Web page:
Understanding IP Source Guard for Port Security on EX Series Switches
Ethernet LAN switches are vulnerable to attacks that involve spoofing (forging) of source IP addresses or source MAC addresses. You can use the IP source guard access port security feature on Juniper Networks EX Series Ethernet Switches to mitigate the effects of these attacks.
IP Address Spoofing
Hosts on access interfaces can spoof source IP addresses and/or source MAC addresses by flooding the switch with packets containing invalid addresses. Such attacks combined with other techniques such as TCP SYN flood attacks can result in denial-of-service (DoS) attacks. With source IP address or source MAC address spoofing, the system administrator cannot identify the source of the attack. The attacker can spoof addresses on the same subnet or on a different subnet.
How IP Source Guard Works
IP source guard checks the IP source address and MAC source address in a packet sent from a host attached to an untrusted access interface on the switch against entries stored in the DHCP snooping database. If IP source guard determines that the packet header contains an invalid source IP address or source MAC address, it ensures that the switch does not forward the packet—that is, the packet is discarded.
When you configure IP source guard, you enable on it on one or more VLANs. IP source guard applies its checking rules to packets sent from untrusted access interfaces on those VLANs. By default, on EX Series switches, access interfaces are untrusted and trunk interfaces are trusted. IP source guard does not check packets that have been sent to the switch by devices connected to either trunk interfaces or trusted access interfaces—that is, interfaces configured as dhcp-trusted so that a DHCP server can be connected to that interface to provide dynamic IP addresses.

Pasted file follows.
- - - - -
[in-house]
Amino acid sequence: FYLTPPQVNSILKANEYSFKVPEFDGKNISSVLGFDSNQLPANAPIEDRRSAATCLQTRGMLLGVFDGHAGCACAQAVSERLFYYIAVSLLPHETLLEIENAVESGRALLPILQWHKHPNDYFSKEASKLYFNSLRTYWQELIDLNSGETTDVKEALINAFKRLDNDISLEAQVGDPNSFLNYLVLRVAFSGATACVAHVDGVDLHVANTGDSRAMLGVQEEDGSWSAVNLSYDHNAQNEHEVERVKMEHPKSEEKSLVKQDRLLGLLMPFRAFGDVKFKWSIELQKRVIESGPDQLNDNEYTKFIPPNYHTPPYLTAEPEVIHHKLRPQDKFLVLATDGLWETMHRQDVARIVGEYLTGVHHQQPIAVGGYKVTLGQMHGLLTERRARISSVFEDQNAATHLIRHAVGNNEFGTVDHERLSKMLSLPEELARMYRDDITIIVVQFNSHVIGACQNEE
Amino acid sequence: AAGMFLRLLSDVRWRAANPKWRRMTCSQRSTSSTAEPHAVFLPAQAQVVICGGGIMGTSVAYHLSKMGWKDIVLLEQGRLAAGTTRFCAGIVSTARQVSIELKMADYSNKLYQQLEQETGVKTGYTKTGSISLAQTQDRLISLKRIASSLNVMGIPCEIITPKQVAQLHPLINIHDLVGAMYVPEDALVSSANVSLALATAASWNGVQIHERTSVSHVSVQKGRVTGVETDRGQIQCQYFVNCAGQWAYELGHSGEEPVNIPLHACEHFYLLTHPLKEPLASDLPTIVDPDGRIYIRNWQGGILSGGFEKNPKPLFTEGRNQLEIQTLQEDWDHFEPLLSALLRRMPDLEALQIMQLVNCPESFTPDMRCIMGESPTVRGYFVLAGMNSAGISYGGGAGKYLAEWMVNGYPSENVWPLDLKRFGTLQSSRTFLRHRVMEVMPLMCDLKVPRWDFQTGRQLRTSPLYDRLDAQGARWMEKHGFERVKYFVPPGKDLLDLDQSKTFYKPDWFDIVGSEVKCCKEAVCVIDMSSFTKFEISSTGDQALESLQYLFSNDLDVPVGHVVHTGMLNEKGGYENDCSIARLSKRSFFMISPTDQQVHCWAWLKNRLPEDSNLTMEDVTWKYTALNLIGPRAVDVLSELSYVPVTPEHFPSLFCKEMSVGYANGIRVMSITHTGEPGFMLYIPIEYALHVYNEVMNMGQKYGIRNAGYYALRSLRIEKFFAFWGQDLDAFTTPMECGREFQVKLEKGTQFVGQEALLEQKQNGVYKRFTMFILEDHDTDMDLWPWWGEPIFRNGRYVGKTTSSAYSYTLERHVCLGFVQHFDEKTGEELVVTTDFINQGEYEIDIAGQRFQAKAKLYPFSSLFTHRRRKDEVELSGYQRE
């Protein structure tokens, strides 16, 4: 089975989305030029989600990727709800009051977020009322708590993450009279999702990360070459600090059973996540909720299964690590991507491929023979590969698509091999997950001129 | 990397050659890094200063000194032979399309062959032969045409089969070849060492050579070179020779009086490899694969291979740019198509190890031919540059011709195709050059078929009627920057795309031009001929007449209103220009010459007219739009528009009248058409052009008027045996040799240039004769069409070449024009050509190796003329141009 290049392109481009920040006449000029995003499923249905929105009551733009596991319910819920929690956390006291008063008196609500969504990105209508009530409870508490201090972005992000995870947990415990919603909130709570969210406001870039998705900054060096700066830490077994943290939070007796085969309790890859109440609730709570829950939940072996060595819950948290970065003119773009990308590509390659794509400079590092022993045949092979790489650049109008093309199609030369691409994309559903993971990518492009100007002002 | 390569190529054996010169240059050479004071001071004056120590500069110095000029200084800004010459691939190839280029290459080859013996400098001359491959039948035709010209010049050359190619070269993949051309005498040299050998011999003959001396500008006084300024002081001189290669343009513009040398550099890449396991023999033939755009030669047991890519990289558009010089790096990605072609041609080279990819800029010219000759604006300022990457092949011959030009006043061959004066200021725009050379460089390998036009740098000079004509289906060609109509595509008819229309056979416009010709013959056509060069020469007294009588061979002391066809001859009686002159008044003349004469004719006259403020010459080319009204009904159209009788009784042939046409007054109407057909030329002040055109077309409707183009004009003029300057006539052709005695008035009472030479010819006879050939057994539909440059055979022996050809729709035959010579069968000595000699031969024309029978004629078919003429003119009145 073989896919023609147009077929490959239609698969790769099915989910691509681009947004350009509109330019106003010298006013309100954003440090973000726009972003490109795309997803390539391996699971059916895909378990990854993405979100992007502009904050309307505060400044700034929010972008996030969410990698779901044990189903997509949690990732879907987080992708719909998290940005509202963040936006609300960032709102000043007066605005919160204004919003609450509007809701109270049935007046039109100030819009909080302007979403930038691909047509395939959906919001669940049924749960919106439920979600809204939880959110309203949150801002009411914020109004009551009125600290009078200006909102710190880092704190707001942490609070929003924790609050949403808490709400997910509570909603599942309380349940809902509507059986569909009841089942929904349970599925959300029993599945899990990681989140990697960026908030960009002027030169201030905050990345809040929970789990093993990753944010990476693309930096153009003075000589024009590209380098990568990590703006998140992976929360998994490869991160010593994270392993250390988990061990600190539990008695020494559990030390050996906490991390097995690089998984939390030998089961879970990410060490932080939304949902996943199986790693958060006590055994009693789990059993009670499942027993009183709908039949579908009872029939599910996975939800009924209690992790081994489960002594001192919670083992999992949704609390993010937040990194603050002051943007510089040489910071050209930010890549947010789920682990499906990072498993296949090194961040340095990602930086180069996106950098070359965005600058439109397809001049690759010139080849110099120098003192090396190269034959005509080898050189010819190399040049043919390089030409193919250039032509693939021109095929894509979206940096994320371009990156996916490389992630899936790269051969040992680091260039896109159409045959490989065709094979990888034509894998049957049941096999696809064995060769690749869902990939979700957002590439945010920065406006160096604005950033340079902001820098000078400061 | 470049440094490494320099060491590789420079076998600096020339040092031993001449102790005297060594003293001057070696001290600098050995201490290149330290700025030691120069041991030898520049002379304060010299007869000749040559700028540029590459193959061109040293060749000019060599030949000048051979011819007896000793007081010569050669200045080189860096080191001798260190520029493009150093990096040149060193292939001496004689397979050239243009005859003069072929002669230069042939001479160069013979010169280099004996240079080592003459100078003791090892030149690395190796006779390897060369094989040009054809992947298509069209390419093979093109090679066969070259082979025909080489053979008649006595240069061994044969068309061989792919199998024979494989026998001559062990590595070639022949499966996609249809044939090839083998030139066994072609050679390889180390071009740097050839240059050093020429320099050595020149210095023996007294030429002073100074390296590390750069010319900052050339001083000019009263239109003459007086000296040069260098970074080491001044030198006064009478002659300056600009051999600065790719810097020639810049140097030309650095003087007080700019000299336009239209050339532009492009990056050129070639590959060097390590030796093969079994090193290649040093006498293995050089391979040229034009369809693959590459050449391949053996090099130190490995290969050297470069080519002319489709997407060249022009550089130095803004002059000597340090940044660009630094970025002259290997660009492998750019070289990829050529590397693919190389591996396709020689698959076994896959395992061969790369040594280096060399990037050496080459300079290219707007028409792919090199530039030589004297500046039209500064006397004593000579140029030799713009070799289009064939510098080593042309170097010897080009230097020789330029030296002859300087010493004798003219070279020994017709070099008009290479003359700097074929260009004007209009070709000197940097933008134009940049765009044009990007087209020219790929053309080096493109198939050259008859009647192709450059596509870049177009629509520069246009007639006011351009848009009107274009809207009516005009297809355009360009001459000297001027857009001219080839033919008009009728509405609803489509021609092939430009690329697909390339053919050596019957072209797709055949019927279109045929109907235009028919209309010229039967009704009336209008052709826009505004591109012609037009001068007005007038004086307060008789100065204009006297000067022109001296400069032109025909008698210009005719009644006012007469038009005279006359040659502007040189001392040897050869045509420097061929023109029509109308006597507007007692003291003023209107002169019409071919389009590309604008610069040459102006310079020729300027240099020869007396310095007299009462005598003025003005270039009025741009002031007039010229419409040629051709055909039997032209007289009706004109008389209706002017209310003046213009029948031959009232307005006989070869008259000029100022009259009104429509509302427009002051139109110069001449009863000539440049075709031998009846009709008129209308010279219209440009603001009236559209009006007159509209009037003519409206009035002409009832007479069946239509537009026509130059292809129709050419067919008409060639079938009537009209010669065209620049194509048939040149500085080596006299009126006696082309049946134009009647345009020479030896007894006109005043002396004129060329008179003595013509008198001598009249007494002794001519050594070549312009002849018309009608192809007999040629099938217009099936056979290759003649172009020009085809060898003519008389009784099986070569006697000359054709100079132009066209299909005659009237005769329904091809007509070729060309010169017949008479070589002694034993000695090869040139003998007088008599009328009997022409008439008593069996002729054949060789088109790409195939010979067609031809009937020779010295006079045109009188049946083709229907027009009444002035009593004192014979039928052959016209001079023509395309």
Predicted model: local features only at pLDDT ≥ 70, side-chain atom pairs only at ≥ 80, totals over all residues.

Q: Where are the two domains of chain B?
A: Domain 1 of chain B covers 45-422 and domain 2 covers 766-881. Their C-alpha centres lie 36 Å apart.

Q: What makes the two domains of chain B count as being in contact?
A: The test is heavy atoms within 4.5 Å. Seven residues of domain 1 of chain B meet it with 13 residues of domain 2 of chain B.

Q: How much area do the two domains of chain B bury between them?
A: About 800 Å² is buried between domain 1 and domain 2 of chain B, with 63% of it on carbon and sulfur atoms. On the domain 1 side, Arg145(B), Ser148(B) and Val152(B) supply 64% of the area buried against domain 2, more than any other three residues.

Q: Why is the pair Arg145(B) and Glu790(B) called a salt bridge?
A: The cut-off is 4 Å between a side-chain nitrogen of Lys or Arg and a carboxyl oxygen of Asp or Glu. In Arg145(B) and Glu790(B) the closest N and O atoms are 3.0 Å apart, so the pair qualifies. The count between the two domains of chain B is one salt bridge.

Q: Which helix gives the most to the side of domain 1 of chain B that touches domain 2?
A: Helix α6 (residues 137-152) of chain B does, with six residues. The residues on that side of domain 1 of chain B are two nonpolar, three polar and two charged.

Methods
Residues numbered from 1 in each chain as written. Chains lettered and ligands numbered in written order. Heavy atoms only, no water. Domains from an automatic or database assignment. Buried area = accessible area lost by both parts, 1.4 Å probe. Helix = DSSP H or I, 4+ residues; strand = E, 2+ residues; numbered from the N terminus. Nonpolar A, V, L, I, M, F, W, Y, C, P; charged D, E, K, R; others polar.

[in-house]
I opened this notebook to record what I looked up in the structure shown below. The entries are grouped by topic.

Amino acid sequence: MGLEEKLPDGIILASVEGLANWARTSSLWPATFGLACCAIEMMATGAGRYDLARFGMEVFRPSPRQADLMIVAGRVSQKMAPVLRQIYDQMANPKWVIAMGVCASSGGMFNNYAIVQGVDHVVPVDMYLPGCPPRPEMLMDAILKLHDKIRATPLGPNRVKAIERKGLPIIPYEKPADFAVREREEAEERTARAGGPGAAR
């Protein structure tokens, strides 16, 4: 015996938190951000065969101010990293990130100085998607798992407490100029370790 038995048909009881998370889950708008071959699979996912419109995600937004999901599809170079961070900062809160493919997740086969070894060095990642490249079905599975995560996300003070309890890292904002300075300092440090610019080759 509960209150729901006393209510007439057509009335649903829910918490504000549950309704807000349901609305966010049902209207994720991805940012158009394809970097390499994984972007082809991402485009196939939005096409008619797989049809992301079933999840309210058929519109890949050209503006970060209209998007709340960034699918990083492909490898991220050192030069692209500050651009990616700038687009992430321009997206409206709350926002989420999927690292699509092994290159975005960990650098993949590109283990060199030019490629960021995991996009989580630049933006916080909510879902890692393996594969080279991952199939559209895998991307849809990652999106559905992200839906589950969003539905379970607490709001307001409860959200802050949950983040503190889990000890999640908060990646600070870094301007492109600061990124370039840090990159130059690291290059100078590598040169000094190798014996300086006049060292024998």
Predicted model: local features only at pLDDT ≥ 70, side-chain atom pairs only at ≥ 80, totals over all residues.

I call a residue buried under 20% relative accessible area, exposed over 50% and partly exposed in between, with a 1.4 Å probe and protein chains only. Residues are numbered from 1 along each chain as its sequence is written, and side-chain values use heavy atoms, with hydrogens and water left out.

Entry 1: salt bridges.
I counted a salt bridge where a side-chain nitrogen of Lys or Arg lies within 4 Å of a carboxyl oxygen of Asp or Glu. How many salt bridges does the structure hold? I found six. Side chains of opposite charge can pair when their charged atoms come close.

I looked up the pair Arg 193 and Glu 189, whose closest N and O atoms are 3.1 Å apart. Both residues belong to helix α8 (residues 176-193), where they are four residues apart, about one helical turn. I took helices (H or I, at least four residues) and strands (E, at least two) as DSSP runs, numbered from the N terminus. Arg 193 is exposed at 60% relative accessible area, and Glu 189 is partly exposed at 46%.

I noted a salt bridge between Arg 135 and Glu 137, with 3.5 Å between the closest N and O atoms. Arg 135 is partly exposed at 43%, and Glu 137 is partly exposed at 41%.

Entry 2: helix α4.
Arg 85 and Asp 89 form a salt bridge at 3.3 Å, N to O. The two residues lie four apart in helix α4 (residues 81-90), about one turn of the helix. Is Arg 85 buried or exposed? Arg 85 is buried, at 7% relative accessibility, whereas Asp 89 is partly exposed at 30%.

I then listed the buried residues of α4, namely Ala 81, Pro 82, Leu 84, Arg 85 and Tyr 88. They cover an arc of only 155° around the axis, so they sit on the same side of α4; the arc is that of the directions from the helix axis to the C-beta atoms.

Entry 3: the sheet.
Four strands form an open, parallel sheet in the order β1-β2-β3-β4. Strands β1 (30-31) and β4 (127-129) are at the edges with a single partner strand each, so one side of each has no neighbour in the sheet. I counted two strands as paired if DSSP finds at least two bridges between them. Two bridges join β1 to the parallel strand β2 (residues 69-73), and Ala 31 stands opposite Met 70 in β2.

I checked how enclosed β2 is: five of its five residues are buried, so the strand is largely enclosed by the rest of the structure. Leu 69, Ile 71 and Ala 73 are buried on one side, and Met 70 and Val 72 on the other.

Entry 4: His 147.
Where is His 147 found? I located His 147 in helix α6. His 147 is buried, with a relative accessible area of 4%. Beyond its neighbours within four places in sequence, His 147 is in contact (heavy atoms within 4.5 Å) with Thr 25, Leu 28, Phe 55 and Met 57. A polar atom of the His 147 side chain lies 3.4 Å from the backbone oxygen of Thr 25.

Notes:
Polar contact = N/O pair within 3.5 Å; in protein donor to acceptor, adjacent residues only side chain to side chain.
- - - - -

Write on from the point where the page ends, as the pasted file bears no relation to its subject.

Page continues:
IP source guard obtains information about IP-address/MAC-address/VLAN bindings from the DHCP snooping database. It causes the switch to validate incoming IP packets against the entries in that database.
After the DHCP snooping database has been populated either through dynamic DHCP snooping or through configuration of specific static IP address/MAC address bindings, the IP source guard feature builds its database. It then checks incoming packets from access interfaces on the VLANs on which it is enabled. If the source IP addresses and source MAC addresses match the IP source guard binding entries, the switch forwards the packets to their specified destination addresses. If there are no matches, the switch discards the packets.
The IP Source Guard Database
The IP source guard database looks like this:
user@switch> show ip-source-guard
IP source guard information: Interface Tag IP Address MAC Address VLAN ge-0/0/12.0 0 10.10.10.7 00:30:48:92:A5:9D vlan100 ge-0/0/13.0 0 10.10.10.9 00:30:48:8D:01:3D vlan100
ge—0/0/13.0 100 * * voice
The IP source guard database table contains the VLANs enabled for IP source guard, the untrusted access interfaces on those VLANs, the VLAN 802.1Q tag IDs if there are any, and the IP addresses and MAC addresses that are bound to one another. If a switch interface is associated with multiple VLANs and some of those VLANs are enabled for IP source guard and others are not, the VLANs that are not enabled for IP source guard have a star (*) in the IP Address and MAC Address fields. See the entry for the voice VLAN in the preceding sample output.
Typical Uses of Other JUNOS Software Features with IP Source Guard
You can configure IP source guard with various other features on the EX Series switch to provide access port security, including:
- VLAN tagging (used for voice VLANs)
- GRES (Graceful Routing Engine switchover)
- Virtual Chassis configurations (multiple EX4200 switches that are managed through a single management interface)
- Link-aggregation groups (LAGs)
- 802.1X user authentication, in single supplicant mode
Note: The 802.1X user authentication is applied in one of three modes: single supplicant, single-secure supplicant, or multiple supplicant. Single supplicant mode works with IP source guard, but single-secure and multiple supplicant modes do not.